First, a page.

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lucky number





A number in a sequence, first identified and named around 1955 by Stanislaw Ulam, that evades a particular type of number "sieve" (similar to the famous Sieve of Eratosthenes), which works as follows. Start with a list of integers, including 1, and cross out every second number: 2, 4, 6, 8, ... The second surviving integer is 3. Cross out every third number not yet eliminated. This removes 5, 11, 17, 23, ... The third surviving number from the left is 7; cross out every seventh integer not yet eliminated: 19, 39, ... Repeat this process indefinitely and the numbers that survive are the "lucky" ones:
1 3 7 9 13 15 21 25 31 33 37 43 49 51 63 67 69 73 75 79 87 93 99 105 111 115 127 129 133 135 141 151 159 163 169 171 189 193 195 ...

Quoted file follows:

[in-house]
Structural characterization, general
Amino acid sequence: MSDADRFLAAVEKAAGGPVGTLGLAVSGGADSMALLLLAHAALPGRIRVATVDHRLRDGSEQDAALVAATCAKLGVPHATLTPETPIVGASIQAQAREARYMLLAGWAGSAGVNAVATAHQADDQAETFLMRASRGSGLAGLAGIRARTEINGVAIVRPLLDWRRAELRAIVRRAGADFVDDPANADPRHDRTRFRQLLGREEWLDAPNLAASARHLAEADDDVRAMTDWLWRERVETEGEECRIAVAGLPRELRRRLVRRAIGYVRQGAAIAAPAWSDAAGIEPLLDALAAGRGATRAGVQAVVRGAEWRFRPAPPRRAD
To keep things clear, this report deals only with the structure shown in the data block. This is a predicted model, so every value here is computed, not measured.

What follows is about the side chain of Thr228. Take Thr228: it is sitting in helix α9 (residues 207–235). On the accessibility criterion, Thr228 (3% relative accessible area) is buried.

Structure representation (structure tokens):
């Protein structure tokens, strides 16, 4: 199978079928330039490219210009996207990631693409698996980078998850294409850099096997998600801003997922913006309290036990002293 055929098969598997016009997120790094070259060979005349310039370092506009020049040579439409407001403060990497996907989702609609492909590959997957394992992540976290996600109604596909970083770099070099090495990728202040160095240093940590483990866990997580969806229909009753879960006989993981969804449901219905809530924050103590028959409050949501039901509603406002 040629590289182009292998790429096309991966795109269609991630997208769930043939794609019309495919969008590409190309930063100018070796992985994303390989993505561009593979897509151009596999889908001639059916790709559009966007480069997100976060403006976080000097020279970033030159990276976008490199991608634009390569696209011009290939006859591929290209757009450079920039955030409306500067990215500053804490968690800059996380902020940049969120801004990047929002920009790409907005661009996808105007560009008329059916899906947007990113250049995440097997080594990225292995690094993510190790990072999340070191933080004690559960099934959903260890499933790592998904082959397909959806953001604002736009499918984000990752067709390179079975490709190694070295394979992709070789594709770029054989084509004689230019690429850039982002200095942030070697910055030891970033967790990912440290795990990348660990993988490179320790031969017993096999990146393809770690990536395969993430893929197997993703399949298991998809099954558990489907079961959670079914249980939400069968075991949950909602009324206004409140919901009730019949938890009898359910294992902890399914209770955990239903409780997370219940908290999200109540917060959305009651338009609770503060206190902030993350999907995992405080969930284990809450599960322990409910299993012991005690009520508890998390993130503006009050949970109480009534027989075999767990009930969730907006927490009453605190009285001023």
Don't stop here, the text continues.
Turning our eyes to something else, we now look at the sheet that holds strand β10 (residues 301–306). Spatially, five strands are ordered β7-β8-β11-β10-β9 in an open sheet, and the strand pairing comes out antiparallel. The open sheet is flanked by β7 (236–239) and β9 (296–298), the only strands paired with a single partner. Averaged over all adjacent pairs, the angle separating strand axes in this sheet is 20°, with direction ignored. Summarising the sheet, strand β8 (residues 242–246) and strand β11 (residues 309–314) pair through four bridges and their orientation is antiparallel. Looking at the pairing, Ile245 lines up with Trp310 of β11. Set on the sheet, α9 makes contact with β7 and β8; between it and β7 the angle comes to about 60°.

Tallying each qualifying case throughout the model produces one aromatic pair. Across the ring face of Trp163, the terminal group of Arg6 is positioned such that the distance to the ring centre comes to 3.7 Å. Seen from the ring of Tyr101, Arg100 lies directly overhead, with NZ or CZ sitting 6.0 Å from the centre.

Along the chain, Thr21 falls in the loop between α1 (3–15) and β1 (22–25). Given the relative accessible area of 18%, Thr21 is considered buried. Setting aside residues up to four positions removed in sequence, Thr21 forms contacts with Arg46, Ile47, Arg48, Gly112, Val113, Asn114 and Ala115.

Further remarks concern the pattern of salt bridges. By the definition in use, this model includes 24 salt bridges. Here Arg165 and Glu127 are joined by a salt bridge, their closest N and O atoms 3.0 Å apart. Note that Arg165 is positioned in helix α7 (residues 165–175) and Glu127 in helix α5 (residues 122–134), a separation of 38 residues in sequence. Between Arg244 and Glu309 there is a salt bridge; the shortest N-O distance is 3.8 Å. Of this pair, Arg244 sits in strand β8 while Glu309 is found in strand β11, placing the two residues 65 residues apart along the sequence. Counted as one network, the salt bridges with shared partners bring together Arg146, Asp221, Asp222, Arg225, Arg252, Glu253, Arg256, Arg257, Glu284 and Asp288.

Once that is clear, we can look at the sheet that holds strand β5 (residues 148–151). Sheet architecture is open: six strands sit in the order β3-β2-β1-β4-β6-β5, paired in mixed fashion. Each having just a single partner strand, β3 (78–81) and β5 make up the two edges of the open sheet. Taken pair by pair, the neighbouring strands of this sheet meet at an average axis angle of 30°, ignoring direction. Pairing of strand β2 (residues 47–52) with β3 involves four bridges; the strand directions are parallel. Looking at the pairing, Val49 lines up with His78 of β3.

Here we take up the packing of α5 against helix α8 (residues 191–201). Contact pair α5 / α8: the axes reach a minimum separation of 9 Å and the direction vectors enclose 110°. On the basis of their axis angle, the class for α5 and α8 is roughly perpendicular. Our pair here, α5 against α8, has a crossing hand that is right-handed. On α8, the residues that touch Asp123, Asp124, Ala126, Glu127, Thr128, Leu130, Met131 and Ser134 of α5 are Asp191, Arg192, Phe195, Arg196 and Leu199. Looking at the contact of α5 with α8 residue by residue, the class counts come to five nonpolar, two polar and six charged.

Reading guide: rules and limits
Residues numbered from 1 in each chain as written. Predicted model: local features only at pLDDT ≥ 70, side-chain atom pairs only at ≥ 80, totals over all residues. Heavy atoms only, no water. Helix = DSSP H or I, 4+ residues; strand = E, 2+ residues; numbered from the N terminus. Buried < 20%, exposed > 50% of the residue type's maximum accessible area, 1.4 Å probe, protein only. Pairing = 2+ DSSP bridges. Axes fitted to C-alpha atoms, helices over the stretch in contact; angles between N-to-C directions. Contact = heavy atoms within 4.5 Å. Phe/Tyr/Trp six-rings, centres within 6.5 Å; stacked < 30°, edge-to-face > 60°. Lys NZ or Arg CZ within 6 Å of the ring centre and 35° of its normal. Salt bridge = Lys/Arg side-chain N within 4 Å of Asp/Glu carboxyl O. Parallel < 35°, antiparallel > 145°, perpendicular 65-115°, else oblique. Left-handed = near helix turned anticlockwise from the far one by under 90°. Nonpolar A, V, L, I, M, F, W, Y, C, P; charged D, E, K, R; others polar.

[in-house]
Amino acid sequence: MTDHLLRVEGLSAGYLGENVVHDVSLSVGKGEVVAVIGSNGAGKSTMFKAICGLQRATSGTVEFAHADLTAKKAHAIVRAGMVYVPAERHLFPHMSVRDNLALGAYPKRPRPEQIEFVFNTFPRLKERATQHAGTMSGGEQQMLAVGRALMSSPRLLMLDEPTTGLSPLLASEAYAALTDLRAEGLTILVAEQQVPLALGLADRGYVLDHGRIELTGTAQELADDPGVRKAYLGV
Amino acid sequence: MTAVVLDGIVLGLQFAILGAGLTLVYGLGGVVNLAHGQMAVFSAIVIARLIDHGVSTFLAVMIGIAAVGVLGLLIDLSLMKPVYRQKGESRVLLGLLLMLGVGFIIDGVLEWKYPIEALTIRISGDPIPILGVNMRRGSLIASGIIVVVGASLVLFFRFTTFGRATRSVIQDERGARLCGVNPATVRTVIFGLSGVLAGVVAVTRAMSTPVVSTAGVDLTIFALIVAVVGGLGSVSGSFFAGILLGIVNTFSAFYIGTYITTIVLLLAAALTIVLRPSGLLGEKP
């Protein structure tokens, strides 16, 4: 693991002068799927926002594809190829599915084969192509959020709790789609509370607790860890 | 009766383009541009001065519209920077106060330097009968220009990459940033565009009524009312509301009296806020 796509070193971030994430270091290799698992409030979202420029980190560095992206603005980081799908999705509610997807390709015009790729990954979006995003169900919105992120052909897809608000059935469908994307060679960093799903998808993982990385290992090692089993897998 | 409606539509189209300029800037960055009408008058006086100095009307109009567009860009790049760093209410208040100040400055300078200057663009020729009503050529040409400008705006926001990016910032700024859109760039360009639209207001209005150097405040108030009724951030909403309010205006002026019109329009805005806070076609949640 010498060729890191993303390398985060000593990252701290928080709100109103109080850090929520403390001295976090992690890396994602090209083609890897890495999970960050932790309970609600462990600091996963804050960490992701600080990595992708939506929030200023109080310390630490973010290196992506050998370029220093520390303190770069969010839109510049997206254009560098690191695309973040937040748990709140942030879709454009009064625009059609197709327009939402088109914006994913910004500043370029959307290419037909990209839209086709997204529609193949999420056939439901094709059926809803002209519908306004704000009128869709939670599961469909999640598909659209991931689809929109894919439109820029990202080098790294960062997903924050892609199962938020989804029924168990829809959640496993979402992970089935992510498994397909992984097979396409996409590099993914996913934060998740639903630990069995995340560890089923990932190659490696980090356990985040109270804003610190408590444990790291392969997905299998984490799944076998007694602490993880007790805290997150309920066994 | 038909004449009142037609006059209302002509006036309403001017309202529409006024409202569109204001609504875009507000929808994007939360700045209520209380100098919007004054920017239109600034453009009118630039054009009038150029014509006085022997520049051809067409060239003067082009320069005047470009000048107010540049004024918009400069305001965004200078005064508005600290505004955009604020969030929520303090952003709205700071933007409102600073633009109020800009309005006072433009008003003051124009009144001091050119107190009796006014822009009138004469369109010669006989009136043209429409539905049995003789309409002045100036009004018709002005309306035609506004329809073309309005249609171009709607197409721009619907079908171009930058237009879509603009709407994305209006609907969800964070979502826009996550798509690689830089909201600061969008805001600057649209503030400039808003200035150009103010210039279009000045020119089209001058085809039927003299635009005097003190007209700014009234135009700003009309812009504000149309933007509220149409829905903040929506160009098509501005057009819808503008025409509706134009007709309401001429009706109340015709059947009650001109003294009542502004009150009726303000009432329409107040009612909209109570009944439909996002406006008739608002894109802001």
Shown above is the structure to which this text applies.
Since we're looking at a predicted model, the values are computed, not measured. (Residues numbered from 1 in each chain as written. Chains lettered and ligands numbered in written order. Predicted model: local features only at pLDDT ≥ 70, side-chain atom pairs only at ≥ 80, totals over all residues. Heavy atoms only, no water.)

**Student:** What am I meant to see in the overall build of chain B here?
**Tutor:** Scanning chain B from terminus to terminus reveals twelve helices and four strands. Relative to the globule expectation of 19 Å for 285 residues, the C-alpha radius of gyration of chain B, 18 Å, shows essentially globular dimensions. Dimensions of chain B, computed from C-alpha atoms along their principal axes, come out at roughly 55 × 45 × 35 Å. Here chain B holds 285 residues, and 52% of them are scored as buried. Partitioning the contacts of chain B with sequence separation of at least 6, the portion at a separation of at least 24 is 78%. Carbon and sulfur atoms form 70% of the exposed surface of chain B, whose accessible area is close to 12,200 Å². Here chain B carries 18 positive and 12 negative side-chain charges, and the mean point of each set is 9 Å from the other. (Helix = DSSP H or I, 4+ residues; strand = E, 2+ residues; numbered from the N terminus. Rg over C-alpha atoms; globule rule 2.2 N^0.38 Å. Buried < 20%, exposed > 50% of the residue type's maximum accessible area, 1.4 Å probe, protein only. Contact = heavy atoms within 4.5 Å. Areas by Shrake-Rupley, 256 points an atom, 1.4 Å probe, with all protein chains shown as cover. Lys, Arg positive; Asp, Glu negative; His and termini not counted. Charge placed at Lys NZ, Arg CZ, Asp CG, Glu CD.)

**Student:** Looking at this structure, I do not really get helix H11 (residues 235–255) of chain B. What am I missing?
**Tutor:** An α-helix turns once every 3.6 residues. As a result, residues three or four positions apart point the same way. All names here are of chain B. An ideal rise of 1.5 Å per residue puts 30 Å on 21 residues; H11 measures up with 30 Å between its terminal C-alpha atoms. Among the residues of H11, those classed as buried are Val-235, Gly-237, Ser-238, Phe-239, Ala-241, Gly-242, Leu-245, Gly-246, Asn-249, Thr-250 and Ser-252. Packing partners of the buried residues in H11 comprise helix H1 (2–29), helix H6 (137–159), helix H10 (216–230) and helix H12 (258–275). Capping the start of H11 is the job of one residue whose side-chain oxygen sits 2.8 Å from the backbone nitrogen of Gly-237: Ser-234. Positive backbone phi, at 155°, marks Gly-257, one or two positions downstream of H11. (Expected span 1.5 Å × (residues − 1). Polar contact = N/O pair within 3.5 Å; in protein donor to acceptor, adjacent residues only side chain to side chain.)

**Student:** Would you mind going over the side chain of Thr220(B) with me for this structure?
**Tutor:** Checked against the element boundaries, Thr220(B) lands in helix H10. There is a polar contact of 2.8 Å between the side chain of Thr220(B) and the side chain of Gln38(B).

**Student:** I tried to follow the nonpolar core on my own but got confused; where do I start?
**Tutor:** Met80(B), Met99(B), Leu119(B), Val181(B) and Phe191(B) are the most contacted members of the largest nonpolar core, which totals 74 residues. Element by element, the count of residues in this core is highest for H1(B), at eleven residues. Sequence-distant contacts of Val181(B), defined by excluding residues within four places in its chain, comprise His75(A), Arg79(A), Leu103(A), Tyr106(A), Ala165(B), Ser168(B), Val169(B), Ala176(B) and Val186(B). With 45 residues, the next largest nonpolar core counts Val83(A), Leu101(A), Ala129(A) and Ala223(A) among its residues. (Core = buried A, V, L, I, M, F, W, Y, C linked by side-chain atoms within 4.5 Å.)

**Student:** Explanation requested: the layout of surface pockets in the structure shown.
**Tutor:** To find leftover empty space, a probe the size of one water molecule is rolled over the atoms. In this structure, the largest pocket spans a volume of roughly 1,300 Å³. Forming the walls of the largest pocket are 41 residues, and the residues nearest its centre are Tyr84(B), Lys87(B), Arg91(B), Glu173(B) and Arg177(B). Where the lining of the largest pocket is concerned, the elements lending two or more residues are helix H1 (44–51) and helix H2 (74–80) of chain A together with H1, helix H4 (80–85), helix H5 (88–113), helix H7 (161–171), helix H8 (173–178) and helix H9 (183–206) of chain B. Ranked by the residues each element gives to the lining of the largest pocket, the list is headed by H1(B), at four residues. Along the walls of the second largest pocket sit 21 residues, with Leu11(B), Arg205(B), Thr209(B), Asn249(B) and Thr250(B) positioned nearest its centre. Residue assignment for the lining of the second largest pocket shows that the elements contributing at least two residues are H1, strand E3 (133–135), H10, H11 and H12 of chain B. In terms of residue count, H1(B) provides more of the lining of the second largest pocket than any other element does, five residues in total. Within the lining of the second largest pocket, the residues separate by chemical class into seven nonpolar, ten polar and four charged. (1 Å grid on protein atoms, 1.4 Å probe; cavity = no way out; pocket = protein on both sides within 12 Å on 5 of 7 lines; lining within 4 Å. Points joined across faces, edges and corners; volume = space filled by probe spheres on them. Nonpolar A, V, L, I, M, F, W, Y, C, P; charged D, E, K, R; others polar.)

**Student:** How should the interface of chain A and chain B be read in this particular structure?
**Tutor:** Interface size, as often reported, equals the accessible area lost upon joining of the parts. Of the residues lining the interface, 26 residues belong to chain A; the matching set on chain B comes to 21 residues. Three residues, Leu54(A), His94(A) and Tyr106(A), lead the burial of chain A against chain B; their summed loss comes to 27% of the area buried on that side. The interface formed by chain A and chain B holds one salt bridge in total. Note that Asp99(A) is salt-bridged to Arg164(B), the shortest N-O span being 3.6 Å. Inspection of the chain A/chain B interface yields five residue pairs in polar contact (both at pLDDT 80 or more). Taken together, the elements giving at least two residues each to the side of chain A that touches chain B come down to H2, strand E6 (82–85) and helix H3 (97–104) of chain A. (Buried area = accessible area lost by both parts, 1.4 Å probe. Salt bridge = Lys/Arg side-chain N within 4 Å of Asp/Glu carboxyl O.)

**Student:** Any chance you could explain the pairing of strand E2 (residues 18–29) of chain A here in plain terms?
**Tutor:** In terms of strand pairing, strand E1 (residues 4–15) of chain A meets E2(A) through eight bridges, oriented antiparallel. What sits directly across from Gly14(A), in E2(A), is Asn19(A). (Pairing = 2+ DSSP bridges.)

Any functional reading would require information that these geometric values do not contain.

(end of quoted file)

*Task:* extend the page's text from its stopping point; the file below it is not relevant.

Amazingly, though generated by a sieve based entirely on a number's position in an ordered list, the luckies share many properties with prime numbers. For example, there are 25 primes less than 100 and 23 luckies less than 100. In fact, it turns out that primes and luckies crop up about equally often within given ranges of integers. Also, the gaps between successive primes and the gaps between successive luckies widen at roughly the same rate as the numbers increase, and the number of twin primes – primes that differ by 2 – is close to the number of twin luckies. The luckies even have their own equivalent of the famous (still unsolved) Goldbach Conjecture, which states that every even number greater than 2 is the sum of two primes. In the case of luckies, it is conjectured that every even number is the sum of two luckies; no exception has yet been found. Another unresolved problem is whether there are an infinite number of lucky primes.


Related entry

   • Ulam Spiral


Related category

   • TYPES OF NUMBERS